The thermal structure of subduction zone back arcs

Authors

  • Claire A. Currie,

    1. School of Earth and Ocean Sciences, University of Victoria, Victoria, British Columbia, Canada
    2. Now at Department of Oceanography, Dalhousie University, Halifax, Nova Scotia, Canada.
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  • Roy D. Hyndman

    1. School of Earth and Ocean Sciences, University of Victoria, Victoria, British Columbia, Canada
    2. Pacific Geoscience Centre, Geological Survey of Canada, Sidney, British Columbia, Canada
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Abstract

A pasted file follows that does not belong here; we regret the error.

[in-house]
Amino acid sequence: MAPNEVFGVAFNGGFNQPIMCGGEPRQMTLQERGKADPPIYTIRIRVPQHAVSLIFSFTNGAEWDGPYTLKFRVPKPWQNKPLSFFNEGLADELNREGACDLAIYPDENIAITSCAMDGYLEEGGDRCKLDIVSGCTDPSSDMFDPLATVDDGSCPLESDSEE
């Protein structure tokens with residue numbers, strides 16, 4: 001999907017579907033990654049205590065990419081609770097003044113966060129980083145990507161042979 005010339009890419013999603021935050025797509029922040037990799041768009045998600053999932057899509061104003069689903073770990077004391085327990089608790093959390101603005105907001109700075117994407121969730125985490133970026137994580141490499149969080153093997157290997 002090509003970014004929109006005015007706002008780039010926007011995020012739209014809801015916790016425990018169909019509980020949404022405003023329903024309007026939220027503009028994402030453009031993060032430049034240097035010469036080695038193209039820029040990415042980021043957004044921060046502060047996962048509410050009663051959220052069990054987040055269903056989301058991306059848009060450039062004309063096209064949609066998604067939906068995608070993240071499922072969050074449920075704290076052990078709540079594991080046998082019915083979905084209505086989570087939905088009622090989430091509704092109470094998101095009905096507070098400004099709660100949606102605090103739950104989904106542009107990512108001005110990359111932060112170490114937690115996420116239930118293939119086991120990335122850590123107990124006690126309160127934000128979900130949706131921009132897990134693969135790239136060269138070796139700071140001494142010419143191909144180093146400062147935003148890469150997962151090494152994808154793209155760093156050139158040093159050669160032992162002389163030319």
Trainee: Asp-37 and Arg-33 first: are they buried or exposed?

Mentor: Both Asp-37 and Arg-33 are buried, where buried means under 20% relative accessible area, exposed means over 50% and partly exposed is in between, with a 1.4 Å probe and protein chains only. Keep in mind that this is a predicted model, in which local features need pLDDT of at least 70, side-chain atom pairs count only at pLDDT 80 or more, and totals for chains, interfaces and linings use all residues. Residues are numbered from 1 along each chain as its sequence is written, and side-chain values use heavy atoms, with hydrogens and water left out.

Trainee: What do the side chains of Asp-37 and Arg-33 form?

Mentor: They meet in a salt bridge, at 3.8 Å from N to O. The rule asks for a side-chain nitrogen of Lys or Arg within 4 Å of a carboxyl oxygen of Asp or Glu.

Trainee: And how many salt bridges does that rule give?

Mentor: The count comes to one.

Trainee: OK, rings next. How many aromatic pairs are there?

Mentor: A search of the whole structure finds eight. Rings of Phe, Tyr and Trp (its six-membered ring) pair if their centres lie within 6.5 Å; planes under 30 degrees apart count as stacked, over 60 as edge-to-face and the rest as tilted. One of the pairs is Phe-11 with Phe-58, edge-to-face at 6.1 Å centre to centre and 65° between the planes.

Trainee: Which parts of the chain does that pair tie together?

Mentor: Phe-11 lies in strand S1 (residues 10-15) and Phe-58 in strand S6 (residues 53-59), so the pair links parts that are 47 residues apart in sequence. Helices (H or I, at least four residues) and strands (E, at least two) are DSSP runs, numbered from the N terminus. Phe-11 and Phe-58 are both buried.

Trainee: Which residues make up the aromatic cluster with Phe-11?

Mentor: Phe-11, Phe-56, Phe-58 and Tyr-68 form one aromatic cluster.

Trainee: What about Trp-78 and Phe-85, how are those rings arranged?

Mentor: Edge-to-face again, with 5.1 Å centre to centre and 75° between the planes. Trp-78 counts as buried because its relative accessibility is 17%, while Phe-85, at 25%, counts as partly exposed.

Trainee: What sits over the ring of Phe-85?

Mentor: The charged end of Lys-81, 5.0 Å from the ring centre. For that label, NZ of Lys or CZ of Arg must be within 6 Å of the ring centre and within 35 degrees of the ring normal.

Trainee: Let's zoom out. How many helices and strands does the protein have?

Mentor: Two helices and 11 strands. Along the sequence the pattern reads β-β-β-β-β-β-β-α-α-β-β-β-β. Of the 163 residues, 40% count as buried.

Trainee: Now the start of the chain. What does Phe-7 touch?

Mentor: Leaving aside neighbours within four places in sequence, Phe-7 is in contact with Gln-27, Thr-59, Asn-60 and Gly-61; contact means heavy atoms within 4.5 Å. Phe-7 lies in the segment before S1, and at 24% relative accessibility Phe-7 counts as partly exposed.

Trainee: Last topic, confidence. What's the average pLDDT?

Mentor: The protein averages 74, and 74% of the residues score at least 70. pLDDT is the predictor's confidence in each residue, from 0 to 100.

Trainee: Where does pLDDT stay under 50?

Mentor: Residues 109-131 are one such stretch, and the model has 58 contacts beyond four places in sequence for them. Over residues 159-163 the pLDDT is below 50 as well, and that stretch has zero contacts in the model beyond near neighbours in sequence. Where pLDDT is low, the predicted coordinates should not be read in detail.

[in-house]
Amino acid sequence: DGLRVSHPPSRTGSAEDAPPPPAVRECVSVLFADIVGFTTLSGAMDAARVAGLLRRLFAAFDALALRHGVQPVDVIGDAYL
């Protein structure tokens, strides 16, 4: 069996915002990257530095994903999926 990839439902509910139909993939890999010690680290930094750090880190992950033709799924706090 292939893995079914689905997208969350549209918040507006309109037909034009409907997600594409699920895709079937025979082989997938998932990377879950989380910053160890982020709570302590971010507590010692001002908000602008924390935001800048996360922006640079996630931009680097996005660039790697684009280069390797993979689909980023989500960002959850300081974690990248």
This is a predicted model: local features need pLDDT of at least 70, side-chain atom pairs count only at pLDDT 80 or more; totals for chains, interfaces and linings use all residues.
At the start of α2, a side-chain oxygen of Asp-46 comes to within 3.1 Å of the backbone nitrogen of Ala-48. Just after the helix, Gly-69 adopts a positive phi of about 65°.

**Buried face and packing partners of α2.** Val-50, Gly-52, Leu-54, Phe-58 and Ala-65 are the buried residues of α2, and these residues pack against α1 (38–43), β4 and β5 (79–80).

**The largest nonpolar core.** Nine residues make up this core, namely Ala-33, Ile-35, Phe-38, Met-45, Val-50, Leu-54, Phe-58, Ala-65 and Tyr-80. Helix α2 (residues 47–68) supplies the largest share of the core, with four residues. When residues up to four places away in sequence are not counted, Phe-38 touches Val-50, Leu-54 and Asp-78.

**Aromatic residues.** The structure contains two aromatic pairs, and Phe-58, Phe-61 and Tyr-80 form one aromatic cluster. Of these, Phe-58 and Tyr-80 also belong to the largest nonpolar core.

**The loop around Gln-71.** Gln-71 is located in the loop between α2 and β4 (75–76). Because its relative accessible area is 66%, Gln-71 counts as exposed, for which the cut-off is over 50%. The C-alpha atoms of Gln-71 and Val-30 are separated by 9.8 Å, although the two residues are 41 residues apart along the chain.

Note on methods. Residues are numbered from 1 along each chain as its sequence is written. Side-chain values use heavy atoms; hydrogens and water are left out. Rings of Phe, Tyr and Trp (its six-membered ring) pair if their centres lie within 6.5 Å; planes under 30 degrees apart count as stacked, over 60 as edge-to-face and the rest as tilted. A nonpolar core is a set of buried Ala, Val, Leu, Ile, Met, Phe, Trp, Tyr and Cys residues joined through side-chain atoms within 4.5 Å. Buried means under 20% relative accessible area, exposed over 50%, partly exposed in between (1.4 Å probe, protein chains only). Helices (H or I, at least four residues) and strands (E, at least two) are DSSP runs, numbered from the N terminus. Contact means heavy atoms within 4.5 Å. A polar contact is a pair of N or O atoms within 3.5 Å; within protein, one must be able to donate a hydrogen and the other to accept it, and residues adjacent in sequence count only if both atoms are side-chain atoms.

[1] It is well recognized that active arc volcanism at nearly all subduction zones requires temperatures greater than 1200°C in the subarc mantle, despite the underthrusting cool subducting plate. In this study, we document evidence that high upper mantle temperatures are not restricted to the arc but usually extend for several hundred kilometers across the back arc, even in areas that have not undergone extension. For 10 circum-Pacific back arcs where there has been no significant recent extension, we have compiled observational constraints on the thermal structure using a number of independent indicators of mantle temperature, including surface heat flow, seismic velocity, and xenolith thermobarometry. The observations indicate uniformly high temperatures in the shallow mantle and a thin lithosphere (1200°C at ∼60 km depth) over back-arc widths of 250 to >900 km. Similar high temperatures are inferred for extensional back arcs of the western Pacific and southern Europe, but the thermal structures are complicated by extension and spreading. A broad hot back arc may be a fundamental characteristic of a subduction zone that places important constraints on back-arc mantle dynamics. In particular, the thermal structure predicted for slab-driven corner flow is inconsistent with the observed uniformly high back-arc temperatures. We favor the alternate model that heat is rapidly carried upward from depth by vigorous thermal convection in the back-arc upper mantle. Such convection may be promoted by low viscosities, resulting from hydration by fluids from the subducting plate. Following subduction termination, we find that the high temperatures decay over a timescale of about 300 Myr.

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